What started out as a joyful morning turned to disaster at Wat Khao Takhrao; at about 0830h I drove my truck off the road, doing a U-turn on a tight road, and got one of the front wheels stuck in mud. It took 4½ hours to get hauled out. In the great scheme of things I got off lightly with nothing more than a bruised ego, but I resented the loss of time on what had been planned as my last big birding day before returning to work next week. I should have gone home but instead headed on to Pak Thale & Laem Pak Bia after being rescused. To be honest I was in no fit state to concentrate, gripped by frustration, irritability and impatience.
I left home early in what was shaping into a beautiful, bright and sunny morning. There had been a lot of rain overnight. Through Khao Yoi I stopped at some favoured swamp and had an amazing view of a Purple Swamphen in the spotlight of the rising sun against green plants. No sooner was I set up than the bird and its cohorts took off! That's rather unfortunately the nature of digiscoping, indeed of all photography. Soon after I had raptors above me, a first Black Kite of the year and then a Booted Eagle, also a first of the year. As I progressed though Khao Yoi the big waterbirds appeared: 5 Spot-billed Pelicans in the distant sky and then Painted Storks began more visible. Overhead a pair of Osprey passed by nearby.
By the time I reached Wat Khao Takrhao I had counted four species of Kingfisher: Common, Collared, Black-capped & White-throated. There were five Spot-billed Pelicans gliding effortlessly over the surface of the water and as I scoped the big pond I could see more Painted Stork and lots of smaller birds which were undoubtedly ducks. As the barrier on the gate was up I drove on in the hope of getting a better view of the ducks and other birds. A number of raptors were buzzing the ducks, notably an Eastern Marsh Harrier which came over and passed nearby. The ducks were too far away but lots of Garganey and equally good numbers of bigger Northern Pintails.
I started photographing some Common Sandpipers and then decided to move on. In the process of doing a U-turn on the road, something I have done many times in exactly the same spot, I thought I had enough room to complete the manoevre. Next thing I felt the truck slipping down off the road and that, so to speak, was that: front right wheel half submerged in mud and the remaining wheels not providing enough friction to get me back onto the road proper. Unfortunately I was about 2km from the road so help was not immediately to hand. So I had to call out roadside assistance. Not a good place to come unstuck, or rather to get stuck! In fairness, though, roadside assistance did their job and got me out.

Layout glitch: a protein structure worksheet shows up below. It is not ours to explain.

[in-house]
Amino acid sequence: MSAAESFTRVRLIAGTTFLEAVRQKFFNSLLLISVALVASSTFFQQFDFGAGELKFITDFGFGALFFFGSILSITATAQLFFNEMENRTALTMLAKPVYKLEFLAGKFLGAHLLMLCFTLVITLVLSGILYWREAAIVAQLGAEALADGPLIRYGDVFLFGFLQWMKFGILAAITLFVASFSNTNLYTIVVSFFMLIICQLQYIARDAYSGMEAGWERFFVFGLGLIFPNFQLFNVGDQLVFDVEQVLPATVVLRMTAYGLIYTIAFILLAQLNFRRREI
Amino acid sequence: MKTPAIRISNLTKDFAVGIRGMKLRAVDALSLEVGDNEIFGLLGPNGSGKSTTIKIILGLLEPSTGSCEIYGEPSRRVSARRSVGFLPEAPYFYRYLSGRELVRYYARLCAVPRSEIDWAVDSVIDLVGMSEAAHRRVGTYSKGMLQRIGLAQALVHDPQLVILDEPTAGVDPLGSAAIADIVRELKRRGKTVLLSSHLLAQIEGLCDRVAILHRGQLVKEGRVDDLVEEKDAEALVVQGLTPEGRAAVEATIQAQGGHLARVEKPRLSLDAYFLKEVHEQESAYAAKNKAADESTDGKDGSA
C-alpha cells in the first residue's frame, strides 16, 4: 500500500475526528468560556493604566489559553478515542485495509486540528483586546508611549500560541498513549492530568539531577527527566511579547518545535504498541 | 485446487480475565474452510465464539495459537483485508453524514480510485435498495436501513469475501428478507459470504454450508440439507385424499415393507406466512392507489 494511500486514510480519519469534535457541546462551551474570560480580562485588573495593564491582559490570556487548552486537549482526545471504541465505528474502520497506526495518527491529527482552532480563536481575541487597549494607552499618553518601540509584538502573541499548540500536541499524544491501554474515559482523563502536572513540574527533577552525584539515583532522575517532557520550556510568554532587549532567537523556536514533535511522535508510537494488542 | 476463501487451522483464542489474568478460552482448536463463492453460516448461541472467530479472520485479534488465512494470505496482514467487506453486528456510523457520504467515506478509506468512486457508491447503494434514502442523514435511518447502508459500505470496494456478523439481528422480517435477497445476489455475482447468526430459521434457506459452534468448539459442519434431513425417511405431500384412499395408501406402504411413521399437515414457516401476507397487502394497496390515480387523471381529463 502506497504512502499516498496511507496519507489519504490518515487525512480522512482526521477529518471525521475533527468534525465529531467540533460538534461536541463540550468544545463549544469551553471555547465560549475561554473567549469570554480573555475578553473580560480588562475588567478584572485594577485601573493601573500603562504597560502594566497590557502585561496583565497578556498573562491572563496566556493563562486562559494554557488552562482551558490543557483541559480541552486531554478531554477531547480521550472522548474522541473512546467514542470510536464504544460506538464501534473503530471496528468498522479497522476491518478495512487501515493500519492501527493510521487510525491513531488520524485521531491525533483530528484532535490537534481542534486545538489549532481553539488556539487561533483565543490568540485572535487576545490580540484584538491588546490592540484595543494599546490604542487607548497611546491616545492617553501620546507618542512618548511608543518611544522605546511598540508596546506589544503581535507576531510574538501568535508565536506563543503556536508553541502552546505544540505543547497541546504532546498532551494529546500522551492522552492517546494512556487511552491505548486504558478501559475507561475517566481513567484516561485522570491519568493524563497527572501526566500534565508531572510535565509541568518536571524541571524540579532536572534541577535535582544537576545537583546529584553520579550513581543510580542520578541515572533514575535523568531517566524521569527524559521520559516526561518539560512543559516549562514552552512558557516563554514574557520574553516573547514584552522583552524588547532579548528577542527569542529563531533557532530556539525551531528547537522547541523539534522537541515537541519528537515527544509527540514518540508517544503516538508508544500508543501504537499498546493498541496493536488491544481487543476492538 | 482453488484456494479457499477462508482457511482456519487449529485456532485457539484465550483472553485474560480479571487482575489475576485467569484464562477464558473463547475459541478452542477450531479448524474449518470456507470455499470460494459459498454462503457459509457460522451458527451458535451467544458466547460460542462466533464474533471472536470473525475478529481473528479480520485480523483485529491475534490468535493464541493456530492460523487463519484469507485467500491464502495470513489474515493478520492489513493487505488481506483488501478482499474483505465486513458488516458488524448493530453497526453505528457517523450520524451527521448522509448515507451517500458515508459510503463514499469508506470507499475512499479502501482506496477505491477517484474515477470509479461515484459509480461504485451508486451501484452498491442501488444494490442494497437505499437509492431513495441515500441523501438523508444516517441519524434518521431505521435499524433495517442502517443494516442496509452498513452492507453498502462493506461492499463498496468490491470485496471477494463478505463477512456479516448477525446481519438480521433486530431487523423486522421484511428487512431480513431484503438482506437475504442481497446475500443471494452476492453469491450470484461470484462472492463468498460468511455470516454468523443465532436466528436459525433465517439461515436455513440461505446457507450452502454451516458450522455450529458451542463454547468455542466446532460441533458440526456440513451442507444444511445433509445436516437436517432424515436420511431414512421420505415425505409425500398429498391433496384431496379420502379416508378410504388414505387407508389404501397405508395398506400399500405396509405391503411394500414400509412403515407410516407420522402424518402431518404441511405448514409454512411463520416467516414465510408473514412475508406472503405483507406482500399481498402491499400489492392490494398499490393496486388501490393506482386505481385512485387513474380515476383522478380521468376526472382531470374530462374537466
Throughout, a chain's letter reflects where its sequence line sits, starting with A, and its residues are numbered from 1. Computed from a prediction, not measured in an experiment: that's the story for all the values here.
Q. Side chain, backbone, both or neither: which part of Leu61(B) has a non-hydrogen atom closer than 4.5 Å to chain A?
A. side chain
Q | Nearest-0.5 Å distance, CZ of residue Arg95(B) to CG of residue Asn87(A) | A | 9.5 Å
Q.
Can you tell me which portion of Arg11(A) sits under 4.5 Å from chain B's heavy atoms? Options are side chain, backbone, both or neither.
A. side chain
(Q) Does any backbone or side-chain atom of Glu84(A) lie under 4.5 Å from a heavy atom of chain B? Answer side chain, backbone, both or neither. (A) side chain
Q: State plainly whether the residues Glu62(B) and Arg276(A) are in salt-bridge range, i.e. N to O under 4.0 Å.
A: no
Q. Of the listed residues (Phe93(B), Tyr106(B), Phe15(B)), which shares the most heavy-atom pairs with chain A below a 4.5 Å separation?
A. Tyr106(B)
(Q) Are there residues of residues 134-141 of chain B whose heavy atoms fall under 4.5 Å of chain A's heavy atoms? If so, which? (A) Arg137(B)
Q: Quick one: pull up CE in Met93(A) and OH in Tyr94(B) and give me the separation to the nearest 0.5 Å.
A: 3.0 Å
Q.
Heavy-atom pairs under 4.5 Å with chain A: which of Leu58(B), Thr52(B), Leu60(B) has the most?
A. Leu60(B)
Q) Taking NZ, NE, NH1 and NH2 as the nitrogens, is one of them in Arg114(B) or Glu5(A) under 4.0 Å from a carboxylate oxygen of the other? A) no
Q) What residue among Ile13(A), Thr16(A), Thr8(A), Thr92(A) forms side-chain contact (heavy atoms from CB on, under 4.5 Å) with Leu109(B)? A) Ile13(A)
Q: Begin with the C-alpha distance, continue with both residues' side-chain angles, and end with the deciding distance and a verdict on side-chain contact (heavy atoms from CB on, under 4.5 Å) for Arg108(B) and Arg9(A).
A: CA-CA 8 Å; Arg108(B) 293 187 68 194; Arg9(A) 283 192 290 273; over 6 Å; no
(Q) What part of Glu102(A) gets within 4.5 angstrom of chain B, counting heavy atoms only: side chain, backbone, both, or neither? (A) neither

During this period I counted 74 Painted Stork! Once out of my jam I stopped at a nearby pond where 10 Spot-billed Pelicans were paddling about. I just couldn't get a clear shot of them......
Pak Thale was very quiet with no sign of Spoonbill Sandpiper. In fact most of the birds had moved to near the road where there were huge flocks of Curlew Sandpiper, Great Knot and Lesser-sand Plover. I concentrated on a smaller flock of about 60 Brown-headed Gulls; a pair of gulls in this group were strikingly different: their bare parts were much more yellow and they showed signs of moult on their wings; I was also struck by how white their heads were and I started thinking that these might possibly be Slender-billed Gulls.
I managed to get some shots to aid some later research. I have decided against Slender-billed as the two birds in question had black spots behind their eyes. I also remembered from last year year that first year Brown-headed Gulls have yellow bare parts. Anyway, a productive exercise as it got me studying the field guides and Oriental Bird Images; from the latter I learned Slender-billed is also known as Rosy Gull and my field guide noted that Slender-billed's underparts often have a rosy hue. This is certainly confirmed by some of the images on Oriental Bird Images. I rather fancy that next time I might be able to separate Slender-billed.
At Wat Kamnaran I managed to make out 2 Grey-headed Lapwings. Onwards to Laem Pak Bia and the Abandonned Building in search of Rosy Starling which has been reported from there recently. I couldn't bear the smell from the rubbish dump so gave up after 45 minutes. In Laem Pak Bia proper, little to report from a brief stop there in the fading light of the day.My friend Tom Buckland advised that tbere were Richard's Pipits on the road in the Nordmann's area; the ones I saw looked very much as if they were of the Paddyfield type.
A frustrating sort of day really that reconnected me with some of my demons. It was only on the drive home that I understood how much this mishap had affected me, a knock to my confidence. I found myself asking: Why do you do this? Is it worth it? Would it not be better to to be at home with your family? ..........and so on and on. I was actually delighted to make it home and be in the company of my family and my spirits improved markedly.With work looming large on the horizon I am not going to do much birding in the next few weeks. I doubt I will do much travelling other than in Ratchaburi province itself. Spend more time at home, the family man!